Misinformation & Fake News
Misinformation is false or inaccurate information that is deliberately constructed to mislead the reader/viewer. When misinformation is packaged as a news source, it is called Fake News. This term refers to an Internet source that tricks readers into clicking through a website–an activity called clickbait (these sites are often monetized where each click makes the creator money).
The reader also needs to realize that confirmation bias exists, which basically means that they will process information by looking for, or interpreting, information that is consistent with one’s existing beliefs. So before sharing any information through social media (and tricking friends into clicking on clickbait), make sure that the sources are based on real facts–not fake news. Your library can help!
Education about Misinformation
- Check First. Share After. (MediaSmarts) – Stop the spread of misinformation.
- Science Literacy (Coursera & University of Alberta) – Free. By the end of the course, learners will be able to understand and use scientific evidence to challenge claims based on misinformation and engage the process of science to ask questions to build our knowledge.
- Verified: COVID-19 Information and Fighting Misinformation – Verified is an initiative of the United Nations, in collaboration with Purpose, to cut through the noise to deliver life-saving information on COVID-19.
- FactCheck.Org – A project of the nonpartisan, nonprofit Annenberg Public Policy Center, which monitors the factual accuracy of what is said by major US political players, such as politicians and lobbyists.
- PolitiFact – Staff from the Tampa Bay Times publish original statements by US political players, check their factual accuracy, and assign each a rating ranging from “True” to “Pants on Fire.”
- Media Bias/Fact Check – Includes a searchable database of media sources and articles that are categorized according to bias, from extreme left to extreme right. Note that “bias” is subjective, and not the same thing as “fact.”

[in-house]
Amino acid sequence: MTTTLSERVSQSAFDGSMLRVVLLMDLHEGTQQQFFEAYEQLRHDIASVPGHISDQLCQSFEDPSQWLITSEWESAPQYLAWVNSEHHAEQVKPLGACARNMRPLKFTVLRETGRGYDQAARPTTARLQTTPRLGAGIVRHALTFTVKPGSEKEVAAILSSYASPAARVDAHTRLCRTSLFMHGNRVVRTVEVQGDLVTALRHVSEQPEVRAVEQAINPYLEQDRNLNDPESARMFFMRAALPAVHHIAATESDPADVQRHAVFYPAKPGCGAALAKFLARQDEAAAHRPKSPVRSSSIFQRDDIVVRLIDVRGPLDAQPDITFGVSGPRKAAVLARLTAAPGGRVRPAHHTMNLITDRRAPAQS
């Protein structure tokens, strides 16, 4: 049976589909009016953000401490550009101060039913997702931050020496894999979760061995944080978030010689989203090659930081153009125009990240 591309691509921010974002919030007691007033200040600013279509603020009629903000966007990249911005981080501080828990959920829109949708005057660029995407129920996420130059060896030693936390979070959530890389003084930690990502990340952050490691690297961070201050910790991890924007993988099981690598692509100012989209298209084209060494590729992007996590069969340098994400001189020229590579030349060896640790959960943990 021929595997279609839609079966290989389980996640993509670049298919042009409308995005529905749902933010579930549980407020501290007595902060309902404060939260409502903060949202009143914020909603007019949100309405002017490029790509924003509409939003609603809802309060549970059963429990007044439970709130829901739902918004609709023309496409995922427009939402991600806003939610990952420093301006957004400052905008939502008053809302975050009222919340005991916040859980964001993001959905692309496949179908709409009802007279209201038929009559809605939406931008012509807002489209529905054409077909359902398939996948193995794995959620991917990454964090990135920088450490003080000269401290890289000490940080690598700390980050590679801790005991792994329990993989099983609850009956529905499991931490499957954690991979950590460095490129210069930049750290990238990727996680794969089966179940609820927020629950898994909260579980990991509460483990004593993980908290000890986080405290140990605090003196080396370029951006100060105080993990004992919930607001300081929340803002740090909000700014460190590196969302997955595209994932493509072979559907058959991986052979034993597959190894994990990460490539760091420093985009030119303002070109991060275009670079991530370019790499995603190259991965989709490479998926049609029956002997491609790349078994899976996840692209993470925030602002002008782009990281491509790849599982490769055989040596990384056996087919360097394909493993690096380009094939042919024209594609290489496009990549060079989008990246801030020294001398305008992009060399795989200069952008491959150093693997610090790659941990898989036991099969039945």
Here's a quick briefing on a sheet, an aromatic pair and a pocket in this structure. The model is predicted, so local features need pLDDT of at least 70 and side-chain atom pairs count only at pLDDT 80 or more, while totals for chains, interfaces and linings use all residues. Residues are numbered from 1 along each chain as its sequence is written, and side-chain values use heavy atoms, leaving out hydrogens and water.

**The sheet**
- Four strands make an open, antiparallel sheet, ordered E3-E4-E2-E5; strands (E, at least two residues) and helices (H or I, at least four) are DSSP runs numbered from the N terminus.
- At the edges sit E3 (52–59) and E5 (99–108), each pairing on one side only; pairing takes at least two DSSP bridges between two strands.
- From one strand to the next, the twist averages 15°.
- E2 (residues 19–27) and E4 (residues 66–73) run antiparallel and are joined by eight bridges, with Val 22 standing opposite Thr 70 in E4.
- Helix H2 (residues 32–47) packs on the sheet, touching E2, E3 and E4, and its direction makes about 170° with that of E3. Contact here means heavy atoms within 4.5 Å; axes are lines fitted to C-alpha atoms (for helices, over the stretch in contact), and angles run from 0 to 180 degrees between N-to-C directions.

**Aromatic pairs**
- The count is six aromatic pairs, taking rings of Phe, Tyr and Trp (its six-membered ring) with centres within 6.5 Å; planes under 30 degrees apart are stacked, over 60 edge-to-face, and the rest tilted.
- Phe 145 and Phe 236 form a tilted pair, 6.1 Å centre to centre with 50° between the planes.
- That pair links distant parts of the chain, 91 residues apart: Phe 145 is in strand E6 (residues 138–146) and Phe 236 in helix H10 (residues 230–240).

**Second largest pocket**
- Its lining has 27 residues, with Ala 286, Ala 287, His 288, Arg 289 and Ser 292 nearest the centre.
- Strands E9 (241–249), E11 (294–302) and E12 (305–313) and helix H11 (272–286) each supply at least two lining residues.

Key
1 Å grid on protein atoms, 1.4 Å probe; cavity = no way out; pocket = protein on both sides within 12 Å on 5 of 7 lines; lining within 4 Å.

- Snopes – An independent website that covers urban legends, modern folklore, internet rumours, and other stories of questionable origin.
- TruthOrFiction.com – Another independent myth-busting website, this one focuses on dubious stories that resurface year after year, instead of “breaking” news and current events.
- Hoaxy – A search engine developed by researchers at Indiana University that visualizes how fake news and other claims spread across social media.
More Guides from Libraries and Literacy Organizations
- Evaluating Information Sources (UBC) – this is for upper-level students when doing research for assignments.
- Fake News: Let’s Check a Claim (Indiana University East) – A university creates a fake website, then shows you how to recognize it’s fake news!
- How to Spot Fake News (International Federation of Library Associations) – provides a downloadable poster or jpg image.
- How to Spot Fake News (Toronto Public Library) – step-by-step how to assess whether an information source is credible, or if there is bias.
- Media Smarts (Canada’s Centre for Digital and Media Literacy) – provides children and youth with critical thinking skills to engage with media as active and informed digital citizens.